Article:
The statutory 2014 volumes and proposed 2014 volumes and percentages are set forth below; all volumes are ethanol-equivalent, except biomass-based biofuel, which is actual.

Cellulosic Biofuel

The Clean Air Act requires that the EPA base the standard for cellulosic biofuel on the volume of cellulosic biofuel projected to be produced during the relevant year. On January 25, 2013, the D.C. Circuit vacated the EPA’s 2012 standard for cellulosic biofuel. American Petroleum Institute v. EPA, No. 12-1139 (D.C. Cir. Jan. 25, 2013). The court found that the EPA’s projection of the volume of cellulosic biofuel to be produced in 2012 was not neutral, but was tilted in favor of promoting growth in the cellulosic biofuel industry. Following the court’s ruling, the EPA removed the 2012 requirement for cellulosic biofuel. The EPA currently is proposing to remove the 2011 requirement for cellulosic biofuel as well.

As has always been the case, the proposed volume standard for cellulosic biofuel is much lower than that set by the Clean Air Act, which, for 2014, is 1.75 billion gallons (ethanol-equivalent). When the EPA sets the applicable volume for cellulosic biofuel below the volume specified in the Clean Air Act, the EPA is required to offer waiver credits that can be purchased in lieu of acquiring cellulosic biofuel Renewable Identification Numbers (“RINs”). The EPA will set the price for cellulosic biofuel waiver credits in the final rule. For the 2013 compliance period, the price is $0.42 per credit.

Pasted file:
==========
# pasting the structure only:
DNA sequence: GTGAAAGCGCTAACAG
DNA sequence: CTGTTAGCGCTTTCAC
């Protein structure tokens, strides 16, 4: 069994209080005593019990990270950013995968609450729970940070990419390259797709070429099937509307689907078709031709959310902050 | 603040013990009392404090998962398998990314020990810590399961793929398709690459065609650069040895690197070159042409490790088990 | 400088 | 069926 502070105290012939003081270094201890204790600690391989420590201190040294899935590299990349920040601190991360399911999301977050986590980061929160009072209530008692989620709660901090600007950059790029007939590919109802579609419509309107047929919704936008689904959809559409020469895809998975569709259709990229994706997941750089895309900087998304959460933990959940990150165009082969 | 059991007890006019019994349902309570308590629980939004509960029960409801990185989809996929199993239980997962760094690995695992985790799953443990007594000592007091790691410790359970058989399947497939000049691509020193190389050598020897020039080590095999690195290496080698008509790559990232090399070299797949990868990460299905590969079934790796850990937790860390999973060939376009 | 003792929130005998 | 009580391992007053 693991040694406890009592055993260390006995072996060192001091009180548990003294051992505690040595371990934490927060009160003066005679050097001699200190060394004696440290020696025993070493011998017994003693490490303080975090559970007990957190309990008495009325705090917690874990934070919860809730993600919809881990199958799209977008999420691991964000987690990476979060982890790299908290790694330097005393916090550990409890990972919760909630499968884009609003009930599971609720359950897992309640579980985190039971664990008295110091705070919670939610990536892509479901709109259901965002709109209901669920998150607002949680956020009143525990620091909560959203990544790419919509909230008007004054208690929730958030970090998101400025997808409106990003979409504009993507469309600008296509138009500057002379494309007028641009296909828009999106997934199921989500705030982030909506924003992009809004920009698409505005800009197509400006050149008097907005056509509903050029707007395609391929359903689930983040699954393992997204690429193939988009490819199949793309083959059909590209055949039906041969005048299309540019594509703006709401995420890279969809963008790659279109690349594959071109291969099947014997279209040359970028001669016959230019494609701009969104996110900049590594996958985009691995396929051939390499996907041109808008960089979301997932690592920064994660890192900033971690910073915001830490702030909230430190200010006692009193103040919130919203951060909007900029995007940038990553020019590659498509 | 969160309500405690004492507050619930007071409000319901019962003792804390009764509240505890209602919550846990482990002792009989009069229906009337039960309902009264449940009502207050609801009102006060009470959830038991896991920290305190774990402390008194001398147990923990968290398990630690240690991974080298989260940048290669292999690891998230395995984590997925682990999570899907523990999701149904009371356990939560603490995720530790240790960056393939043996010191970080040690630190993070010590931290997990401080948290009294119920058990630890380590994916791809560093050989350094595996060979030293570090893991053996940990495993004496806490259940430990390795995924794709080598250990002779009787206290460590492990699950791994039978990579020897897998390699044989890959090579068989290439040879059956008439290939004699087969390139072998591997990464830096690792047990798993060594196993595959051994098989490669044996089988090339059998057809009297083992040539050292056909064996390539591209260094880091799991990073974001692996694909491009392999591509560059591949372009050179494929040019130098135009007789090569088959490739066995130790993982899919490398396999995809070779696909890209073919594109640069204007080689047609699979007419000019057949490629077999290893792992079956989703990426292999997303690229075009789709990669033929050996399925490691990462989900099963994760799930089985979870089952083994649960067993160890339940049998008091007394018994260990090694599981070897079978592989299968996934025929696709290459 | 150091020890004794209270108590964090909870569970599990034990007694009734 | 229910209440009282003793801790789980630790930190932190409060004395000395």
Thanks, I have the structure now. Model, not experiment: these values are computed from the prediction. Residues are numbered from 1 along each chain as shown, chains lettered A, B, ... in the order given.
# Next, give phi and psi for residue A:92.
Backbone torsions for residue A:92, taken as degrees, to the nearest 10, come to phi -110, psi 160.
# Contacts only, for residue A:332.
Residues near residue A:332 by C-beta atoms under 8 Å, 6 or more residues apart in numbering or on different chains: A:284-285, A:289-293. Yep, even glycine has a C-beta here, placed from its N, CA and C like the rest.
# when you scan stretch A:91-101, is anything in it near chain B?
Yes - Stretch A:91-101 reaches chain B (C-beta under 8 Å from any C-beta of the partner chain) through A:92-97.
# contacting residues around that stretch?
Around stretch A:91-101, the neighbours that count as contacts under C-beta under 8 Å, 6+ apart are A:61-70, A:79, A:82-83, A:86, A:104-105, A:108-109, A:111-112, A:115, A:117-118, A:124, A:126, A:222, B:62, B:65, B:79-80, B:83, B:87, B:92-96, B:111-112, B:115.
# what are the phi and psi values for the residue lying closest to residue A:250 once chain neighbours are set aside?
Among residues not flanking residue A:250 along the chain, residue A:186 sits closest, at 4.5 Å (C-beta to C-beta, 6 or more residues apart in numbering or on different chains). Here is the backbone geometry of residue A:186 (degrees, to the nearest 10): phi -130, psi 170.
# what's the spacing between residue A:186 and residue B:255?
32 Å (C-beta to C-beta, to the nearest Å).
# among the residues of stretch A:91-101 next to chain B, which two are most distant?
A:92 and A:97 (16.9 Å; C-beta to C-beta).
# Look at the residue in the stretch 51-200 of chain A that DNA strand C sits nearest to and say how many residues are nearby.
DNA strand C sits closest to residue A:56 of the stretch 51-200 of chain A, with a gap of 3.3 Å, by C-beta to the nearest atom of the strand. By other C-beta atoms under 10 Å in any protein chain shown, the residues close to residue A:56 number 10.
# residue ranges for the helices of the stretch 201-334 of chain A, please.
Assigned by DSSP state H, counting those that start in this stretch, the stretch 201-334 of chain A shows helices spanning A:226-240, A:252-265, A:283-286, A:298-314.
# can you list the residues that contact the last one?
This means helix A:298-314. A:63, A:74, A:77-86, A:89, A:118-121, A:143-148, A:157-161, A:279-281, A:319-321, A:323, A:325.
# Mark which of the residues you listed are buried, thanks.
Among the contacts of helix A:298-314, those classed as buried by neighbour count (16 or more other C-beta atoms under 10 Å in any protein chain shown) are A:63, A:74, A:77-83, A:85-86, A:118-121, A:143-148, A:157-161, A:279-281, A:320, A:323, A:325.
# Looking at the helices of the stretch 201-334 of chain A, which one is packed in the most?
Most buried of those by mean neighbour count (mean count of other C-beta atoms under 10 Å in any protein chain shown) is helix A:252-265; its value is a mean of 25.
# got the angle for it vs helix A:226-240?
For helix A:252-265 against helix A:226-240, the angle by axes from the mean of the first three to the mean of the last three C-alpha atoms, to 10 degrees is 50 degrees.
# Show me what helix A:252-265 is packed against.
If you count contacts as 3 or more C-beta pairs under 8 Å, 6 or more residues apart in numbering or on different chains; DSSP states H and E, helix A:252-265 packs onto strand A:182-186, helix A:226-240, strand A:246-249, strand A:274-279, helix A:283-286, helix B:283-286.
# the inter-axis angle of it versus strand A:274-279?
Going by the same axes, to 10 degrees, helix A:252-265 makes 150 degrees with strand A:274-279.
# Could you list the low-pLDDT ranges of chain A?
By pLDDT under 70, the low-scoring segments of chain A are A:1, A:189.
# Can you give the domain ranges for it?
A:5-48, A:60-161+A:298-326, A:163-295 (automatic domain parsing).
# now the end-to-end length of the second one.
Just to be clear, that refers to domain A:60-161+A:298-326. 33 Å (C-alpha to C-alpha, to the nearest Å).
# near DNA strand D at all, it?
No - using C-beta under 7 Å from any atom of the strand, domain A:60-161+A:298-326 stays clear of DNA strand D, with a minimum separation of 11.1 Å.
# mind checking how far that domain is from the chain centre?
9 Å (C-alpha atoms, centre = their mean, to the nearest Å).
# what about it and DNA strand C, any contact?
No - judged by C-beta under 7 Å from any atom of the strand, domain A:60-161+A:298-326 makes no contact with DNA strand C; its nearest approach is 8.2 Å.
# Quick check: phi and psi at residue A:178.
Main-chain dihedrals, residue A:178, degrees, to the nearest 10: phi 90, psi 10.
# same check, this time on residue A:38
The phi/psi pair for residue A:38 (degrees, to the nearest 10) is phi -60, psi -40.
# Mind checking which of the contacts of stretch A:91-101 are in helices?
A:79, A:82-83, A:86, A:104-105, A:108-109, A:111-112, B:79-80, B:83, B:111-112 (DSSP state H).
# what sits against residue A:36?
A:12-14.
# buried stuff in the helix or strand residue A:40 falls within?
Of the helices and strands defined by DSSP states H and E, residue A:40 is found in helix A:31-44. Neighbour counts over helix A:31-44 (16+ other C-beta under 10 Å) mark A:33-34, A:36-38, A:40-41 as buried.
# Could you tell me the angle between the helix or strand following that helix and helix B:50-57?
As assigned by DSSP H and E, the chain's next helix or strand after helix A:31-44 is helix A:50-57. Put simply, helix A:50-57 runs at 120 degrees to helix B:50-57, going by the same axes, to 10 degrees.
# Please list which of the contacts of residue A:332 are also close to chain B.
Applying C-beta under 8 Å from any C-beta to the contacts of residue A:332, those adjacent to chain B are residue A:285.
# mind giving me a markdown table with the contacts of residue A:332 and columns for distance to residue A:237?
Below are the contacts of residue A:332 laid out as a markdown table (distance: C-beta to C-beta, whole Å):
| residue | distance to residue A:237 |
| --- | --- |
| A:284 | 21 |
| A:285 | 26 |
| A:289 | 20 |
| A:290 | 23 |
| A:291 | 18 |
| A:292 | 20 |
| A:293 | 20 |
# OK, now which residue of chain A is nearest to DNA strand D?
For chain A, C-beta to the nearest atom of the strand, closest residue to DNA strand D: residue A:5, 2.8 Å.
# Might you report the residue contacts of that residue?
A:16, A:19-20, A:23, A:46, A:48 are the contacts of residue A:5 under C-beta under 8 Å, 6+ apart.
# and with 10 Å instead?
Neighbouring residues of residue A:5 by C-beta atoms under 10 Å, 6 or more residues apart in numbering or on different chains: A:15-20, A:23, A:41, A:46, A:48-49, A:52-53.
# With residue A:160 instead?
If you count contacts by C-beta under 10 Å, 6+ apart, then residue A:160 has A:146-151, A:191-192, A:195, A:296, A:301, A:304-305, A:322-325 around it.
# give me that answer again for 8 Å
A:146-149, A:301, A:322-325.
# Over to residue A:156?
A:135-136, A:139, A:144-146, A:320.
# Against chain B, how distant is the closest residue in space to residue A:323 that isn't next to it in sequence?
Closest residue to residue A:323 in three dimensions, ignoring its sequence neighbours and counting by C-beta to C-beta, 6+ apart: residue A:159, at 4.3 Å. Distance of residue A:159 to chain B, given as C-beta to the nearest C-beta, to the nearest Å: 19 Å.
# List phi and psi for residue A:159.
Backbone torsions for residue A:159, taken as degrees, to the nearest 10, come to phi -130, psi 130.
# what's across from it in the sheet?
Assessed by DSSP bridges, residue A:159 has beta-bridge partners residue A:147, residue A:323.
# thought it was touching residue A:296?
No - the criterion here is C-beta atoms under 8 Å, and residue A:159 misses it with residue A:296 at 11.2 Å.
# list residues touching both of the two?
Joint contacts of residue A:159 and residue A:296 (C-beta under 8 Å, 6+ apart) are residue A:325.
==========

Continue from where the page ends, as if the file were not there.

Biomass-Based Diesel

The Clean Air Act specifies the volumes of biomass-based biofuel only through 2012. The EPA has proposed to keep the 2013 volume for biomass-based biofuel (mostly biodiesel) of 1.28 billion gallons (actual) for 2014 and 2015. The biomass-based biofuel volume of 1.28 billion gallons is equivalent to 1.92 billion gallons ethanol-equivalent of biodiesel, and counts toward the total advanced biofuel standard.

Advanced Biofuel and Total Renewable Fuel